ARC Advisory Group

Why Drones Need Artificial Intelligence (AI)

Blog Post created by ARC Advisory Group on Apr 13, 2017

New drone sensing and computing platforms can make sense out of still and video images and act with intelligence thanks to new onboard sensors, computing platforms, and artificial intelligence. AI is becoming increasingly easier for product developers to apply thanks to powerful new platforms. But how does AI help drones accomplish their respective missions?

For one, it is about autonomy. It takes depth perception and situational awareness to keep drones from crashing into things.  Unlike piloted aircraft, drones must often operate in close proximity to other objects or structures or even while touching or connecting to them. If drones are ever going to be used for package delivery in a city environment, they will need to deal safely with other drones, cars, people, dogs, birds, and many other obstacles. Drones can be equipped with video cameras, LIDAR, GPS and a range of other sensors, but they also need the brains to interpret and act on this information.  And for that, they need some serious processing power. That processing is best done locally and we see that embedded systems are being developed at the chip level to give drones the processing power that allows them to perform complex tasks quickly.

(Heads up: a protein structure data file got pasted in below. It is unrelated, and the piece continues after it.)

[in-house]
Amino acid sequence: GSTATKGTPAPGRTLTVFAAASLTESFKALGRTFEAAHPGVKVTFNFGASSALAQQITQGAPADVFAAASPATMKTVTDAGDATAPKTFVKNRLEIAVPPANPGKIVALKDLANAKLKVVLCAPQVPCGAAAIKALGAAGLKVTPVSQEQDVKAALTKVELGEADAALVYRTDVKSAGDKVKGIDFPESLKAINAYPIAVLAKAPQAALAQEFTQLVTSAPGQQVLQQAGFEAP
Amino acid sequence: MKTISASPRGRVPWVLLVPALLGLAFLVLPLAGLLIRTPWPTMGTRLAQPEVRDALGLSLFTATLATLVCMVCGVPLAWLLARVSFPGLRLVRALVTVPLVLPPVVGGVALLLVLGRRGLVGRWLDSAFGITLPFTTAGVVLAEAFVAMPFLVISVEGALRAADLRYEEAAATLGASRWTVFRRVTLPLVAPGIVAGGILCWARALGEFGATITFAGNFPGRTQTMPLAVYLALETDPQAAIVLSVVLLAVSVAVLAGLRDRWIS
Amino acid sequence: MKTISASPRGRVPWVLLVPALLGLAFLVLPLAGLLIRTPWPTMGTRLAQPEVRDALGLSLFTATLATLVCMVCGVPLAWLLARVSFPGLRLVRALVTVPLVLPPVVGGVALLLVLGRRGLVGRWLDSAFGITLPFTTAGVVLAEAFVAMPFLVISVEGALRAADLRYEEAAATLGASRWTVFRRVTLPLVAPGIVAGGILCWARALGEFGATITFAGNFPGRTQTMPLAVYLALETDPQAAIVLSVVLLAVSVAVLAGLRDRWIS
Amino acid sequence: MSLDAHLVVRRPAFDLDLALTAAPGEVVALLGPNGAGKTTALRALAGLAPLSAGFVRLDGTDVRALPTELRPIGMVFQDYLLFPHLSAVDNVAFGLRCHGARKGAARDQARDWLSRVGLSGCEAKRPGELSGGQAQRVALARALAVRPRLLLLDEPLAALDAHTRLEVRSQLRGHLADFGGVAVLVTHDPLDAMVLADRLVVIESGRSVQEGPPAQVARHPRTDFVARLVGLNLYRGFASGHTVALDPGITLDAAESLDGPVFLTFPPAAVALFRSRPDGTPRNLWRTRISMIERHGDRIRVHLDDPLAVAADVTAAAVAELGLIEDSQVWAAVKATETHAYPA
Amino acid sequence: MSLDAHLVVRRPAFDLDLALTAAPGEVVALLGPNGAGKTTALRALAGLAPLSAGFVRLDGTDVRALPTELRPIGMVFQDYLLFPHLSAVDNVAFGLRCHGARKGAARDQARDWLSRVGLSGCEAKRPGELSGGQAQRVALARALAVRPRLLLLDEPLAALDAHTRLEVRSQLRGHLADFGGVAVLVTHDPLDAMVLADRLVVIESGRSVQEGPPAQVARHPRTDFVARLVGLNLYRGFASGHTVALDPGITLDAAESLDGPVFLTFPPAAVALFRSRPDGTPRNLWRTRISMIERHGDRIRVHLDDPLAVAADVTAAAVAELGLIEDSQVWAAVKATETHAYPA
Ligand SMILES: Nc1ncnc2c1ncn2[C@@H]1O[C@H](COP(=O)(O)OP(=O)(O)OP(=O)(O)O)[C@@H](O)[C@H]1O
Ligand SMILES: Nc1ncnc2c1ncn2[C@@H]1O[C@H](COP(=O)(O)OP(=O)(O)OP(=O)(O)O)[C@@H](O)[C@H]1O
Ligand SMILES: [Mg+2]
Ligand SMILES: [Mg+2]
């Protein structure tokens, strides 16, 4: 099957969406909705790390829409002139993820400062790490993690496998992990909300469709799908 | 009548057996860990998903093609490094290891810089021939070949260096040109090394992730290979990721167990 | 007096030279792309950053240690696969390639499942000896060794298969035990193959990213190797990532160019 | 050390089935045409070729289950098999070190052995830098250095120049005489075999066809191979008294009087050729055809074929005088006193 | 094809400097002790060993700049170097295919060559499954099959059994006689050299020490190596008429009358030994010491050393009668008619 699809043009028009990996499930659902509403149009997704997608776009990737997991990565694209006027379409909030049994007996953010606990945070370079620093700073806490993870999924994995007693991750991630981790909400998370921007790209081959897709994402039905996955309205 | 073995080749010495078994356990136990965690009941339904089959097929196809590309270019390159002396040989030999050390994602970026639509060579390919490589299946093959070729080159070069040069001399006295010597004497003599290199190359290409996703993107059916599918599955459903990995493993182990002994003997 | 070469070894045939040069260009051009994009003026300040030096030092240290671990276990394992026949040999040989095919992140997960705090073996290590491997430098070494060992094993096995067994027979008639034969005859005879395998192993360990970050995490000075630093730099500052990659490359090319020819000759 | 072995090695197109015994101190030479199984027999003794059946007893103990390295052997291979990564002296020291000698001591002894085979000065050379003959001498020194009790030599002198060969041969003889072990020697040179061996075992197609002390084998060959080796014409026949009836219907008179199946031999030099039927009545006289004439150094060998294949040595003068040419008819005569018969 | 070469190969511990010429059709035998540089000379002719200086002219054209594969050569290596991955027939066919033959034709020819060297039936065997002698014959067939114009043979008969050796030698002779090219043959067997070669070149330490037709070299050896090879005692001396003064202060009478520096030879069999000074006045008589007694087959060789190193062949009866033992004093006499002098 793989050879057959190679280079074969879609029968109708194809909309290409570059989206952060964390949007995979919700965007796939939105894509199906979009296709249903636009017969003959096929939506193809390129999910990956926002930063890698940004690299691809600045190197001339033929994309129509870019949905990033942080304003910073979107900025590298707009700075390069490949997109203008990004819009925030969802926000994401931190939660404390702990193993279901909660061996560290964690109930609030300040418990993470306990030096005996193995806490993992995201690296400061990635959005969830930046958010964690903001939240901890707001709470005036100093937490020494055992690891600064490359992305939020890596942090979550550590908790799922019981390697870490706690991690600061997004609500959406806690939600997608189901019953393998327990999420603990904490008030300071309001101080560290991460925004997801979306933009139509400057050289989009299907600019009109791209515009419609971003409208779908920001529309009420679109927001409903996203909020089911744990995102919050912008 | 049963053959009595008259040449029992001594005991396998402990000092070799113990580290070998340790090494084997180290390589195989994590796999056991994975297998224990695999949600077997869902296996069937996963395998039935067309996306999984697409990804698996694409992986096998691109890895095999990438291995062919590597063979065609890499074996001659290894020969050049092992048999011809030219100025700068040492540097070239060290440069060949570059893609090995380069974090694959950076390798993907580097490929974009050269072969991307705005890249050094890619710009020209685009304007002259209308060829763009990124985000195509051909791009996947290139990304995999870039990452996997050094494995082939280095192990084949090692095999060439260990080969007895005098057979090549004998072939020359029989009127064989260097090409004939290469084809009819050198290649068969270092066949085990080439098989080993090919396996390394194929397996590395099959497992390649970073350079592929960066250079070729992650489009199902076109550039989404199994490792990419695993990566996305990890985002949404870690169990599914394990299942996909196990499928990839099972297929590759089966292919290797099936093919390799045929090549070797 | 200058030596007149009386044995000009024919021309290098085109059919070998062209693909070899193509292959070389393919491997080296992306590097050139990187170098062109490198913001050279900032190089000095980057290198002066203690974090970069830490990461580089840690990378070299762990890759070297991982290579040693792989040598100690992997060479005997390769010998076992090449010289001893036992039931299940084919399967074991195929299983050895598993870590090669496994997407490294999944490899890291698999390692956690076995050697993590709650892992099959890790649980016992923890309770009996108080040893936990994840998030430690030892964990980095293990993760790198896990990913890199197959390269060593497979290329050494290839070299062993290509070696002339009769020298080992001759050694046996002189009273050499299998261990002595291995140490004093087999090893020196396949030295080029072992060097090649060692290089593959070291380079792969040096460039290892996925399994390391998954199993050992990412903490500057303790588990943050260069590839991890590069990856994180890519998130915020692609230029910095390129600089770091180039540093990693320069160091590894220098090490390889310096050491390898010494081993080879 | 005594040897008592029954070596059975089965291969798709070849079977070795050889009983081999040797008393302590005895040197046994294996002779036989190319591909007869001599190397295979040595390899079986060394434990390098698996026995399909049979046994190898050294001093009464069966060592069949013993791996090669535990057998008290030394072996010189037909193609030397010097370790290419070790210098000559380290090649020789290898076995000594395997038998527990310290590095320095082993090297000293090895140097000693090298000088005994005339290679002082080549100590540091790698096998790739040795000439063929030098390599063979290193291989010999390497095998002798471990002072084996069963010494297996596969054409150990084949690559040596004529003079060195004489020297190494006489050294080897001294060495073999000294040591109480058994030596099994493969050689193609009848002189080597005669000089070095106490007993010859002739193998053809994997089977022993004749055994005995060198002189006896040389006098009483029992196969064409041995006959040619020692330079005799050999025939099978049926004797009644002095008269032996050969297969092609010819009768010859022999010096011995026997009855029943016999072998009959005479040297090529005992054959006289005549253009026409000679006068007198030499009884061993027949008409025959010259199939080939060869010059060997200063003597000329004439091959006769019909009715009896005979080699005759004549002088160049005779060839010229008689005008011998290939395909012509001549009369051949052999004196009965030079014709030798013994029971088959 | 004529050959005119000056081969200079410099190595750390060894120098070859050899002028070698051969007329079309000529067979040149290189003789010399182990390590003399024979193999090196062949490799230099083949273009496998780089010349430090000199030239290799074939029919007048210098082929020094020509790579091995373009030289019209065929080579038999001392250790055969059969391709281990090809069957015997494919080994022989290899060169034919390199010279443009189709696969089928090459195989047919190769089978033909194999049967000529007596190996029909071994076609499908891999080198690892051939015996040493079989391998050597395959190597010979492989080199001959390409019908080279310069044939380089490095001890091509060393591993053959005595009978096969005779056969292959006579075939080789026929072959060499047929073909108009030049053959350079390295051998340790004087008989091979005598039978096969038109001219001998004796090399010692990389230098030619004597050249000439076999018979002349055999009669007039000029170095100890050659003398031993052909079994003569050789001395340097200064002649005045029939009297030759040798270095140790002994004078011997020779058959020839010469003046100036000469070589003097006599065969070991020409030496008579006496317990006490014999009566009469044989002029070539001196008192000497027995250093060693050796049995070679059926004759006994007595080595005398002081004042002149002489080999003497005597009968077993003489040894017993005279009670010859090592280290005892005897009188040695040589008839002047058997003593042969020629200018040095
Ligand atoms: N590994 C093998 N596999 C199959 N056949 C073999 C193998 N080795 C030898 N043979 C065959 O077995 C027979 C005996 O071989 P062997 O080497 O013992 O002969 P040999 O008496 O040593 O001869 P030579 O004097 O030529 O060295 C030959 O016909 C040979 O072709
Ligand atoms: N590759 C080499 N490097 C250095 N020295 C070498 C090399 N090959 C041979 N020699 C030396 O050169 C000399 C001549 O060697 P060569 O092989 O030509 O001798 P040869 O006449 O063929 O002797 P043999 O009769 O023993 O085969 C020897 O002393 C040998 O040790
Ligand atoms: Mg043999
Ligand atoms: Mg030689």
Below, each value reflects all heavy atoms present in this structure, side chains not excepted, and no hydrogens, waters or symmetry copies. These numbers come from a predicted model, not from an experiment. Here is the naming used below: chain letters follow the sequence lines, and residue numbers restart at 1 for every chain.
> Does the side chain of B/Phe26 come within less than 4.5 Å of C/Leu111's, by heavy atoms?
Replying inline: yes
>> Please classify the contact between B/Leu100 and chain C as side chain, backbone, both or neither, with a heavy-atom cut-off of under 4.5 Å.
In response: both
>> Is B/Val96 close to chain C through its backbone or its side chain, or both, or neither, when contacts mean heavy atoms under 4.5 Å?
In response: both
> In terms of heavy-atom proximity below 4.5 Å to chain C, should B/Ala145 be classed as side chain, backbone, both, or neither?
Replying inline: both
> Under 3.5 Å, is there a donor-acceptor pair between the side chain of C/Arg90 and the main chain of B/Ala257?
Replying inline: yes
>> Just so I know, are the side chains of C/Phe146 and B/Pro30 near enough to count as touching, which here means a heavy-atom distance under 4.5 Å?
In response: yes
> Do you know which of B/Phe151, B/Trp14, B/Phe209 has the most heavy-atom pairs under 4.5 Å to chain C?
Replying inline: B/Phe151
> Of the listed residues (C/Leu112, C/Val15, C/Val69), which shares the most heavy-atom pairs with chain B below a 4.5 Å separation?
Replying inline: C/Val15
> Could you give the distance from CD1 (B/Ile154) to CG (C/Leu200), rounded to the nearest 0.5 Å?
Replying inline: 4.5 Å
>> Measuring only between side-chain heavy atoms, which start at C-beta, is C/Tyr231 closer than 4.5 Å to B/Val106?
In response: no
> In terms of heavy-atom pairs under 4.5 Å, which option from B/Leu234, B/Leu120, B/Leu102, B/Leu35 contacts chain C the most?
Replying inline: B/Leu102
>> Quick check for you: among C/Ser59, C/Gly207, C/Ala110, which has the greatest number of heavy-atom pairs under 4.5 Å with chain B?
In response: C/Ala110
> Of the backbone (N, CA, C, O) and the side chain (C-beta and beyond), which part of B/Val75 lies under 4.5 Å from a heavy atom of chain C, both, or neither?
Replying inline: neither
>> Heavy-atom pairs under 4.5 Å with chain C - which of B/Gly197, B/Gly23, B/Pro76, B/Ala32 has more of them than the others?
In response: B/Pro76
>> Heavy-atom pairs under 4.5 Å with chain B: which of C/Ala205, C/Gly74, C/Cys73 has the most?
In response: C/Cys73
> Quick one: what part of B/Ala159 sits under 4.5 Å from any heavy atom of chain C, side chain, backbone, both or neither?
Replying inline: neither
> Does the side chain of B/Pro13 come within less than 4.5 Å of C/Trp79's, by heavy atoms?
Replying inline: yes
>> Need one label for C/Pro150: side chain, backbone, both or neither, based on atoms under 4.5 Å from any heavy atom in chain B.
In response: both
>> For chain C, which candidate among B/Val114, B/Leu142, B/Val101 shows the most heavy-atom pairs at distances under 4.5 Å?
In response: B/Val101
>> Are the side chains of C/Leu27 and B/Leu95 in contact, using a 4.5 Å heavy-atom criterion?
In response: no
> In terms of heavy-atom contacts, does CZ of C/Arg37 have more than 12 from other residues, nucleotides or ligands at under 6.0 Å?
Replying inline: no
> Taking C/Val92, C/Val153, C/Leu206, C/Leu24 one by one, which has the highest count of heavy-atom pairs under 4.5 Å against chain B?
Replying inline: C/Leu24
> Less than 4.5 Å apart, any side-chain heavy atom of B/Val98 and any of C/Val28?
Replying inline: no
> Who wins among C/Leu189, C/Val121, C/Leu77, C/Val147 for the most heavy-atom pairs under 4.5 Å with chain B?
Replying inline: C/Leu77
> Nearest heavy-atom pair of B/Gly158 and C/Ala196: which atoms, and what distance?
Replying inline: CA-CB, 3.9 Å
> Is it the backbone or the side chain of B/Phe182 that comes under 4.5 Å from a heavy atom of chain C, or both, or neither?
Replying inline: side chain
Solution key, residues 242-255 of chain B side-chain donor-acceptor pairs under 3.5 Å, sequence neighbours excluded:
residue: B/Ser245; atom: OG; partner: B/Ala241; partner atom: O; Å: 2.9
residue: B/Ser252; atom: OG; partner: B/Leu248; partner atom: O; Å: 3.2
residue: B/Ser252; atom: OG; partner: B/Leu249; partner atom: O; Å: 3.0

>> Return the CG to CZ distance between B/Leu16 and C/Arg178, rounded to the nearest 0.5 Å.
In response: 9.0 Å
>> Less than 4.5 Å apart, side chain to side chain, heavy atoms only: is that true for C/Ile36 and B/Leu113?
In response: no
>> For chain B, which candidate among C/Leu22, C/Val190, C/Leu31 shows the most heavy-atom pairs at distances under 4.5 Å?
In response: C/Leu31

The military is working hard on autonomous drones.  This includes giving drones the ability to recognize situations and delegating the decision to act independently of the remote human pilot. Considering that human drone pilots have made mistakes, maybe AI can do better. The technology behind situational awareness and the ability to recognize objects has many applications for commercial and industrial use.

We’ve all heard the claims that self-driving cars will be safer than human-operated cars.  Those of us who live in New England and other densely populated areas certainly have all seen examples of bad human driving. Fatality statistics show that humans make plenty of mistakes.

In Formula 1 racing, you can see just how far digital technology has crept into the operation of the car and how successful it has been to improve the chances of winning. Considering that simple cruise control outperforms humans, it is not hard to see why a digital race car that synchronizes the race car to a digital twin in the pits operating on a 3D model of the racetrack can provide a competitive advantage. The digital twin knows the exact topology of the racetrack and simulates intimate details of the car’s engine, steering, and aerodynamics. As an example, a Renault Sport Formula One car has more than 200 sensors and relies on Microsoft Dynamics AX and Microsoft’s Azure machine learning suite. Software used to design car parts can be used to dynamically simulate how that part functions with all the other parts of the car in a virtual system. Audi built a self-driving version of its RS 7 sports car. This car can compete with experienced human drivers and, just as IBM’s Deep Blue computer eventually beat world-class chess master, Gary Kasparov, cars operated with AI can already perform better than many human drivers, whether commuting to work, out on a Sunday drive, or on a race track.